Paul Bailey noted doctors often prescribe 45 pills when you might only need 20. He asked if anyone has considered that as an option. Brener said the task force looked at that issue and their response to that was we need to develop some treatment parameters as medical guidelines to specifically look at the three most heavily prescribed classes of drugs in the workers’ compensation system. Those are the narcotics, the anti-inflammatories and the muscle relaxants. He noted there would be exceptions to those treatment parameters as they exist in current law as well, but those would be best practices guidelines that generally would need to be followed. As manufacturer’s wholesale prices increase, fee schedules based on the measure will rise proportionately. This is the consumer price index for prescription drugs. The price of drugs, in general, has increased and this goes to Paul’s point. New drugs are always more expensive and tend to drive up average costs, so we need to focus on developing treatment parameters that look at that. Linda Higgins asked for information about the difference in what it would cost large hospitals if they were to receive 100 percent reimbursement versus 85 percent reimbursement. Brener noted he did not have the information currently available. Higgins noted some of those hospitals are currently the most stressed. Brener reviewed the department’s cost-control options. This information tells you what happens to system costs by doing a variety of things he spoke of today. If we eliminate the scaling factors so all providers are paid at the same conversion-factor level, we would be increasing medical costs at 3.3 percent and workers’ compensation system costs at 1.2 percent. If we pay noncritical access hospitals at 68 percent, which is principally 85 percent, we would decrease medical costs to 9.1 percent and system costs to 3.3 percent. If we make the changes to the critical access hospitals, we would decrease medical costs at a little more than 3 percent and system costs a 1.2 percent. If we cut the conversion factor to what is approximately 170 percent of the level in 2004, we would decrease workers’ compensation medical costs about 5.4 percent and system costs about 2 percent. If hospital services not covered by the fee schedule were paid at 68 percent, versus the 85 percent, which they are generally paid at, we cut medical costs by 4.7 percent and system costs by 1.7 percent. The cost implications are outlined on pages 43 through 45 of the presentation packet. Brener again mentioned the department will have a packet bound and ready to go for WCAC members by the next meeting so they can “dive a little deeper,” but he wanted to give them a taste of where the debate was and where the issues were focused. He also wanted to allow time over the holidays to review the information. Pollack shared what he experienced as a member of the Medical Costs Task-force. He noted this was the most polarized group he ever met. The hospital and health care providers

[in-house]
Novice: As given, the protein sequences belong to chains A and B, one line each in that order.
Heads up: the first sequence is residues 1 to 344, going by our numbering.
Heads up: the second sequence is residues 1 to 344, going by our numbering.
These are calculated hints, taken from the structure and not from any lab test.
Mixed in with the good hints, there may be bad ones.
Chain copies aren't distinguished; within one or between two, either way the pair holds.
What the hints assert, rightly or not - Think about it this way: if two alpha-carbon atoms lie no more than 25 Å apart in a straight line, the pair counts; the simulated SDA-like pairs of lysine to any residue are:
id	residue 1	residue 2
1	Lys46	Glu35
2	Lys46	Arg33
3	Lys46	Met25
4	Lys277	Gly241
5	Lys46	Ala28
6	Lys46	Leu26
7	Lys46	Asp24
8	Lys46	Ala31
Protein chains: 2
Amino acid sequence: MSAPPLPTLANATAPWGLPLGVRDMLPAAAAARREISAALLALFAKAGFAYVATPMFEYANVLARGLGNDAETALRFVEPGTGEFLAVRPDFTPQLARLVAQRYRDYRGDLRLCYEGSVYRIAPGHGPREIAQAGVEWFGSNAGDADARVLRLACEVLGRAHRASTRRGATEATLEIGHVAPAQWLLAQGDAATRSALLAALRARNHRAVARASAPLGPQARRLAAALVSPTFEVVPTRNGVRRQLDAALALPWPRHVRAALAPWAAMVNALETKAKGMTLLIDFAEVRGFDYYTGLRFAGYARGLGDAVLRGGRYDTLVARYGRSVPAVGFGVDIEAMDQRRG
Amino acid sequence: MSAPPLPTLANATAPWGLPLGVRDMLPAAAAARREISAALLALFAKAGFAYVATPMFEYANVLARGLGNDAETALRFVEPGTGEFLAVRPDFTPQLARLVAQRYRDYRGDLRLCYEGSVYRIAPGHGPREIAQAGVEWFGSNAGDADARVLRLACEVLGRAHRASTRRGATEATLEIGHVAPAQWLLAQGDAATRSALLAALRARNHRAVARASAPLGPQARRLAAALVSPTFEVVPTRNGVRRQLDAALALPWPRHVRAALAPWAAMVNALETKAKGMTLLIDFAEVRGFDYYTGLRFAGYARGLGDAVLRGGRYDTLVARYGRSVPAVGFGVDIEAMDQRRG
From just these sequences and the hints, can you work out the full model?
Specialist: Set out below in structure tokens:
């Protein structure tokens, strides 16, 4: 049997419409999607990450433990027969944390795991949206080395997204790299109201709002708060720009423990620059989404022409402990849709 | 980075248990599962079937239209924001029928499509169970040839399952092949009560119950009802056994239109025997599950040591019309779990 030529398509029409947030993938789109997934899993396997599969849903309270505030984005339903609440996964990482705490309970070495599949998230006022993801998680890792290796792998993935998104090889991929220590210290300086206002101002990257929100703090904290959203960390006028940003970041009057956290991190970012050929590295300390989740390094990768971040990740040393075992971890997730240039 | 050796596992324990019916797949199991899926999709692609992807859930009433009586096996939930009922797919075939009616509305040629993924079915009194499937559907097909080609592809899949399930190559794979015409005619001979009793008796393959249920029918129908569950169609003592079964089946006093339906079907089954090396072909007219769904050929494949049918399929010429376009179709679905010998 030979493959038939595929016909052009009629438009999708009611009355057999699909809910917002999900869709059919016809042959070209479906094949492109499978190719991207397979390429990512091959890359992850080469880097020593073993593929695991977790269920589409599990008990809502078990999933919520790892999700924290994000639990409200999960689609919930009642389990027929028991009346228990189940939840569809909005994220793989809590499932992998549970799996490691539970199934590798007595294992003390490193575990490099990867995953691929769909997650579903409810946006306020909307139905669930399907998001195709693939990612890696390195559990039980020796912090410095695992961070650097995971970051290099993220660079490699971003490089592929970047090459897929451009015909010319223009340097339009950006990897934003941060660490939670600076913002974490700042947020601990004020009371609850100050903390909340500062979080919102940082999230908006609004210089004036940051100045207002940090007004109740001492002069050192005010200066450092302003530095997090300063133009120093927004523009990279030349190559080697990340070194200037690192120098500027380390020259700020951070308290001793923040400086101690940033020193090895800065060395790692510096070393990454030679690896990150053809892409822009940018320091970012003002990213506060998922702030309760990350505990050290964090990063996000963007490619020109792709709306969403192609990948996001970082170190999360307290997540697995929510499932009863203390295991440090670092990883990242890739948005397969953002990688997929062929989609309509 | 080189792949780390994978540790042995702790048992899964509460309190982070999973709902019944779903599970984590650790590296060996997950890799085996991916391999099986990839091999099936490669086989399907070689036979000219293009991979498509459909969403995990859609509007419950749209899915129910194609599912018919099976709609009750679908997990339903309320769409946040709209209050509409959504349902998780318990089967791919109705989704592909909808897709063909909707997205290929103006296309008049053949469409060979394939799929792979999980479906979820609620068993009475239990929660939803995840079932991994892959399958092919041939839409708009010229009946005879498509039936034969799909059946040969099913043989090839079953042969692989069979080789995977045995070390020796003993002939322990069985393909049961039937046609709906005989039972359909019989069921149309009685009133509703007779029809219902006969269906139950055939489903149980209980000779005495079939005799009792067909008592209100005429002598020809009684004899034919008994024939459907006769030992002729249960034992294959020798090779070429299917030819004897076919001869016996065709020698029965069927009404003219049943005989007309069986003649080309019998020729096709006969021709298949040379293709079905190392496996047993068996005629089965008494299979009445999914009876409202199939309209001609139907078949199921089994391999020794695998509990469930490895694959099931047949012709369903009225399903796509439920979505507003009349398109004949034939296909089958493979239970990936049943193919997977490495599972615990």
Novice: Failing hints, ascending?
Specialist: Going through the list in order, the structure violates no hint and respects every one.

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do not see a problem and do not believe medical costs are excessive. The employers and payers of the system see a problem. Pollack directed members to look at the DLI Web site for some examples. He said he believes the department has adequately demonstrated that the medical costs of Minnesota’s workers’ compensation system are excessive. Pollack does not understand where health care providers’ comments came from and referred to a couple of recent articles. One by the Minnesota Safety Council was in Volume 15, No. 4. It is an in-depth article that says, “Workplace injuries down, costs up.” Pollack reported the comments coming out of the task force were, “maybe we should do a better job of controlling the number of injuries to reduce costs.” The Minnesota Safety Council said that we are doing a good job with job injuries, but the costs are going up. The December edition of Risk Insurance talks about California’s recommended changes. They prohibit doctors from referring outpatient services to specialty or small clinics where they have a vested interest. Pollack has noticed a real trend lately where some orthopedic people who were doing work on their employees would not do surgery anywhere else. He did not name the facility. Having served on this committee, he understands they are getting paid at 100 percent of “usual and customary” at that facility. Pollack noted Daniels and, he believes Robinson, touched on, “what does usual and customary mean” and where are these costs at? Daniels asked whether the health care providers are losing 15 percent and Robinson asked if they are losing 50 percent. Pollack related the true costs to “smoke and mirrors.” The health care provider decides what they want to charge and see who is going to pay it. Right now the workers’ compensation system is paying at 204 percent of Medicare. This was one of the most intriguing and frustrating experiences Pollack has had in quite awhile. He thinks we have a real opportunity in front of us to be able to help the providers of these services understand clearly that to maintain the employment force in the state of Minnesota we have to do something to control costs. Pollack also said that during the meeting something he was concerned about was the groups that were seeing a reduction in the reimbursement for services were very clear to state they are going to have to transfer those costs to someone else. Someone else in the system is going to have to pay. What he did not hear was, “the employers and other individuals feel that these costs are causing them such difficulties, maybe we can come up with an opportunity to reduce our costs. Maybe we do not need to have MRI scans in every hospital. Maybe you could go to best practices.” Pollack heard, “the system is not too bad, in fact, we need more money.” Thaden noted he came to all the meetings of the task force except Oct. 14, 2003. He comes from a very basic point of view. He sits on a joint labor-management health plan that spends about $44 million a year on health care; they spend a lot less for the same thing there than we do under workers’ compensation. He understands there is a slight difference in costs because of some transaction costs and maybe some other things, but it is a lot less under the health care than we spend under workers’ compensation. He thinks they are either shifting costs from his health care plan over to the workers’ compensation plan, because that is where they can make money, or they are charging too much. Thaden stated we should be paying approximately the same under workers’ compensation as we do under the regular health care plan. To Thaden, it is very simple.